OAKLAND, city located on the east shore of San Francisco Bay, California. The 1969 metropolitan Jewish population (including Alameda and Contra Costa Counties) of Oakland was 18,000. It is estimated that the 2005 metropolitan Jewish population (including Alameda and Contra Costa Counties) of the East Bay was 60–80,000.
The first Jewish organization was the Oakland Hebrew Benevolent Society (1862), which owned a cemetery and served the religious and cultural needs of the Jewish community until the founding of the First Hebrew Congregation (now Temple Sinai) in 1875. These two organizations merged in 1881. The Oakland lodge of B'nai B'rith was founded in 1875 and many local relief societies followed. The Jewish population of the city in 1880 was 227, with 68 in the suburbs. Congregation Beth Jacob, Orthodox, was founded by Eastern Europeans in 1887 and Temple Beth Abraham, Conservative, by Hungarians in 1907. The Jewish Welfare Federation of Alameda and Contra Costa Counties was organized in 1918 and the Oakland Jewish Center was built in 1958.
The Jewish Community Federation of the Greater East Bay has its main office in Oakland and an auxiliary office in Walnut Creek. The East Bay Jewish community covers a two-county area (Contra Costa and Alameda) and is comprised of both urban as well as suburban areas, including the cities of Oakland, Berkeley, Richmond, Fremont, Lafayette, Walnut Creek, Danville, San Ramon, and Pleasanton. The East Bay is an active Jewish community. There are now four synagogues in Oakland (one Reform, one Conservative, one Orthodox, and one Renewal), as well as four in Berkeley and 17 in the surrounding areas. Many of the congregations maintain religious schools. There are three day schools, 12 Jewish pre-schools, and a successful Midrasha program (grades 8–12) that offers weekly educational classes as well as retreats. The Center for Jewish Living and Learning of the Jewish Community Federation coordinates the four Midrashot, special education programs, Holocaust education as well as professional development for both the congregational and early childhood educators. The Jewish Community Federation sponsors a Volunteer Action Center, an Israel Center that runs the largest Federation-based teen trip to Israel each summer, and an active Young Leadership Division. The Federation also supports Building Jewish Bridges, that helps interfaith couples find their place in the Jewish community.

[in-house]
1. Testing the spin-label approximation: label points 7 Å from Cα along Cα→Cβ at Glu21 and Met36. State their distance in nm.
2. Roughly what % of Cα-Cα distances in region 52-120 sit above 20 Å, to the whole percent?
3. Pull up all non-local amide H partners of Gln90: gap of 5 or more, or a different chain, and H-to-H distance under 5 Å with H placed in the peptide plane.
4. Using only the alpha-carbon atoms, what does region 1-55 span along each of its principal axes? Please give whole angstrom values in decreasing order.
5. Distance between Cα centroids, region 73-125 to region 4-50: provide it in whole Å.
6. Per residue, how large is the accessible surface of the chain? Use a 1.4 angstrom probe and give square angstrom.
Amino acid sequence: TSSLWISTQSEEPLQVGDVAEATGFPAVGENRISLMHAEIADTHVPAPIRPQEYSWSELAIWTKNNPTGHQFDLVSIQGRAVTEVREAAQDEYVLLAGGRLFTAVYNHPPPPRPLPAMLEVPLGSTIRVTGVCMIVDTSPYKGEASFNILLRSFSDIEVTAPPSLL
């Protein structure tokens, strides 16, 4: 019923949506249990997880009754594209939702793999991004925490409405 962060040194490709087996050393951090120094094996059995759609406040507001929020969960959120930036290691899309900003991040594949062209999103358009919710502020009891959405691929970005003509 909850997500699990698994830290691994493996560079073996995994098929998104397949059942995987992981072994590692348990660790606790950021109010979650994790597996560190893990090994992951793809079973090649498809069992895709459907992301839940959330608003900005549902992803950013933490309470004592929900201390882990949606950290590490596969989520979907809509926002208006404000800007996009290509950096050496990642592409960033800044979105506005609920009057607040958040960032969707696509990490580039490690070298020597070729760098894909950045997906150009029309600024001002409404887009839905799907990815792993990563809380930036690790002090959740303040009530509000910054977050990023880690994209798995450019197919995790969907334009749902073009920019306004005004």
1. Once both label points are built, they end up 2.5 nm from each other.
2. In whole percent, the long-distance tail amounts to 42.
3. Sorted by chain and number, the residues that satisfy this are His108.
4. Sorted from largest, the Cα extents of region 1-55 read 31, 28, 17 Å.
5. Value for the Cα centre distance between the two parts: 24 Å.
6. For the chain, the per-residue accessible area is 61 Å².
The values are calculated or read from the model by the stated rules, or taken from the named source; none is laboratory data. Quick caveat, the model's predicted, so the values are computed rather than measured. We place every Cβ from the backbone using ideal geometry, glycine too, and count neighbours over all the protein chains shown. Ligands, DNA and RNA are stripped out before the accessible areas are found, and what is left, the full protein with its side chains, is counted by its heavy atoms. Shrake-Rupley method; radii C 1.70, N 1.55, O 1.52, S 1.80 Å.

The East Bay Jewish community maintains a mikveh, kosher butcher and bakery shops, a synagogue council, a home for seniors and local chapters of the national Jewish organizations. Most of the Jews are in the professions or in mercantile activity. The East Bay Jewish population participates in the social and cultural life of the region and is especially active in social action/Tikun Olam issues as well as those that address educational and environmental concerns. The Jewish community is noted for the good relations between the different religious movements as well for its diversity of population, which includes Jews of different racial and religious backgrounds. To the north of Oakland is Berkeley, containing the main campus of the University of California, which has a Hillel Foundation and many distinguished Jews on the faculty and an important Judaic Studies Program including such scholars as Robert *Alter and Daniel *Boyarin. Also located in Berkeley is the Judah L. Magnes Memorial Museum, which was organized in 1961, and the headquarters of Lehrhaus Judaica, the Bay Area's largest adult school for Jewish studies.